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Associations of Lipoprotein Lipase Gene rs326 with Changes of Lipid Profiles after a High-Carbohydrate and Low-Fat Diet in Healthy Chinese Han Youth

Department of Biochemistry and Molecular Biology, West China School of Preclinical and Forensic Medicine, Sichuan University, Chengdu 610041, China
Clinical Laboratory, Nanchong Central Hospital, Second Affiliated Hospital of North Sichuan Medical College, Nanchong 637000, China
Author to whom correspondence should be addressed.
Int. J. Environ. Res. Public Health 2014, 11(4), 4544-4554;
Received: 19 December 2013 / Revised: 8 April 2014 / Accepted: 14 April 2014 / Published: 23 April 2014


To investigate the effects of a high-carbohydrate and low-fat (HC/LF) diet on plasma lipids and apolipoproteins (Apos) of healthy Chinese Han youth with different genotypes of lipoprotein lipase gene (LPL) rs326, 56 subjects were given a washout diet of 30.1% fat and 54.1% carbohydrate for seven days, followed by the HC/LF diet of 13.8% fat and 70.1% carbohydrate for six days, with no total energy restriction. Plasma glucose, triglyceride (TG), total cholesterol (TC), high density lipoprotein cholesterol (HDL-C), low density lipoprotein cholesterol (LDL-C), Apo B-100 and Apo A-I were analyzed at baseline and before and after the HC/LF diet. The results show that, when compared with before the HC/LF diet, only the male G carriers experienced increased HDL-C (p = 0.008) and Apo A-I (p = 0.005) after the HC/LF diet. Decreased TC in both males and females and increased TG in females were found regardless of the genotype after the HC/LF diet. LDL-C decreased in all the subjects although the decrease was not significant in the female G carriers. These results demonstrate that the G allele of LPL rs326 associates with the elevated levels of HDL-C and Apo A-I after the HC/LF diet in males of the healthy Chinese Han Youth.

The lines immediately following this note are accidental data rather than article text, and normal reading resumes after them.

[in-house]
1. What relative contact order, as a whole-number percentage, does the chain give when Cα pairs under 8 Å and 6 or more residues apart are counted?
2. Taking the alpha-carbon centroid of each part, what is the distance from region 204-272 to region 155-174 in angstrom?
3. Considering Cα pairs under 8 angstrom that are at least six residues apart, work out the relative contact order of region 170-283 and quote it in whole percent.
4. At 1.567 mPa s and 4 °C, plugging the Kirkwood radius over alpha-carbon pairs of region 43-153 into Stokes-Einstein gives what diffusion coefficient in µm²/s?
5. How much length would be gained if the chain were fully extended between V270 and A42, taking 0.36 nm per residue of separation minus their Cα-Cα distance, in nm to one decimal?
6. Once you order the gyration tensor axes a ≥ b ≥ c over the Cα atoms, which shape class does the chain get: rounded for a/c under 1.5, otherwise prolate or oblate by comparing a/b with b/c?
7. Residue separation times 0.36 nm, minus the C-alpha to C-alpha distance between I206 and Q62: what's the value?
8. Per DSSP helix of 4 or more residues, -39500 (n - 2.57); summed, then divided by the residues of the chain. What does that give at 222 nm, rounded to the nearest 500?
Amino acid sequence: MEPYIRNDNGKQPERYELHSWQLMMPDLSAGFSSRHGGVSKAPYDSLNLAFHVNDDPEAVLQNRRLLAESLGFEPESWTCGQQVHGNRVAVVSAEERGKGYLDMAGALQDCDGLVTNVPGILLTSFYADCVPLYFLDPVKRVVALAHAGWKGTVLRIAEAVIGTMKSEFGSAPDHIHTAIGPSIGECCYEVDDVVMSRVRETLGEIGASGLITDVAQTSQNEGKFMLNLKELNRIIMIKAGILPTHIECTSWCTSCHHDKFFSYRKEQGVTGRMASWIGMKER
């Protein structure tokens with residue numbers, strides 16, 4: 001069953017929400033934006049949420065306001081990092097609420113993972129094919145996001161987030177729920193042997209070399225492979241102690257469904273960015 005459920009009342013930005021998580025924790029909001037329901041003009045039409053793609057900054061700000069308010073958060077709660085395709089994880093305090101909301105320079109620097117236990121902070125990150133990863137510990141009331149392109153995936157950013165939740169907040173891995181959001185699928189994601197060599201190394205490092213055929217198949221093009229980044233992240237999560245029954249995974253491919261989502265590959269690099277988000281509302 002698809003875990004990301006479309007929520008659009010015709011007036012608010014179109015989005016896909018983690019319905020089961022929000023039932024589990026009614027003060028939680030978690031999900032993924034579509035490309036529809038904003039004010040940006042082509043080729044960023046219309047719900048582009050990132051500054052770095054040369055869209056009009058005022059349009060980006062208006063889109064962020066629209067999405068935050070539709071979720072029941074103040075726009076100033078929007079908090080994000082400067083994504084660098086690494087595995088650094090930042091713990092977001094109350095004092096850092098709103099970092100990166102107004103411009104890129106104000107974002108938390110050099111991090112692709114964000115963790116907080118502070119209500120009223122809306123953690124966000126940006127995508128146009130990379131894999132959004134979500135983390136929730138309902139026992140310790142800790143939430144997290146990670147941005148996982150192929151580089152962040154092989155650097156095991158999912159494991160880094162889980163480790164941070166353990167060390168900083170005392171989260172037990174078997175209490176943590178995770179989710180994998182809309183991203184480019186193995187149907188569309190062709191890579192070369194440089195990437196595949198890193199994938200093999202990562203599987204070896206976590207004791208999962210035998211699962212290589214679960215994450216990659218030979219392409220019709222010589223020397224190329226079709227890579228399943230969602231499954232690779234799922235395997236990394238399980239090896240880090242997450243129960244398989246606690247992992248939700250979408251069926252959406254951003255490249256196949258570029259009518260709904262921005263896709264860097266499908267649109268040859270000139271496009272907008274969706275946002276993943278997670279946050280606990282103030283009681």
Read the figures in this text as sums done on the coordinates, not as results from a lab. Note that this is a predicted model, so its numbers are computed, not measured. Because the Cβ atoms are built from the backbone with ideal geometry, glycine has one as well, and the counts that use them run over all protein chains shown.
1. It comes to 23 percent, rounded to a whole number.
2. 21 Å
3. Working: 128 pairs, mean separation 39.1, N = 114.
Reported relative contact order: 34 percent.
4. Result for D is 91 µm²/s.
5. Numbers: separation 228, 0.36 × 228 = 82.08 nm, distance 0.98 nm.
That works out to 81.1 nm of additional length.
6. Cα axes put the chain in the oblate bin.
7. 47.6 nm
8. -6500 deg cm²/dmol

1. Introduction

Atherosclerosis (AS) and related vascular diseases are the leading causes of death all over the world [1]. Previous studies have indicated that perturbed concentrations of plasma lipids and apolipoproteins (Apos) are important risk factors for coronary artery disease (CAD) [2,3]. Hypertriglyceridemia (HTG), characterized by elevated plasma levels of triglyceride (TG) and lowered plasma concentrations of high density lipoprotein cholesterol (HDL-C), contributes to the increased risk of CAD [4,5]. It has been reported that HTG can be induced by high-carbohydrate and low-fat (HC/LF) diets [6]. However, evidences showed that although more than 67% of dietary energy was derived from carbohydrate [7], there were lower prevalence and mortality of CAD in Chinese population [8,9]. It is generally believed that these observations are the reflection of their living environments and genetic backgrounds, and suggest the interactions of environmental and genetic factors on modulating lipid metabolism and on development of CAD.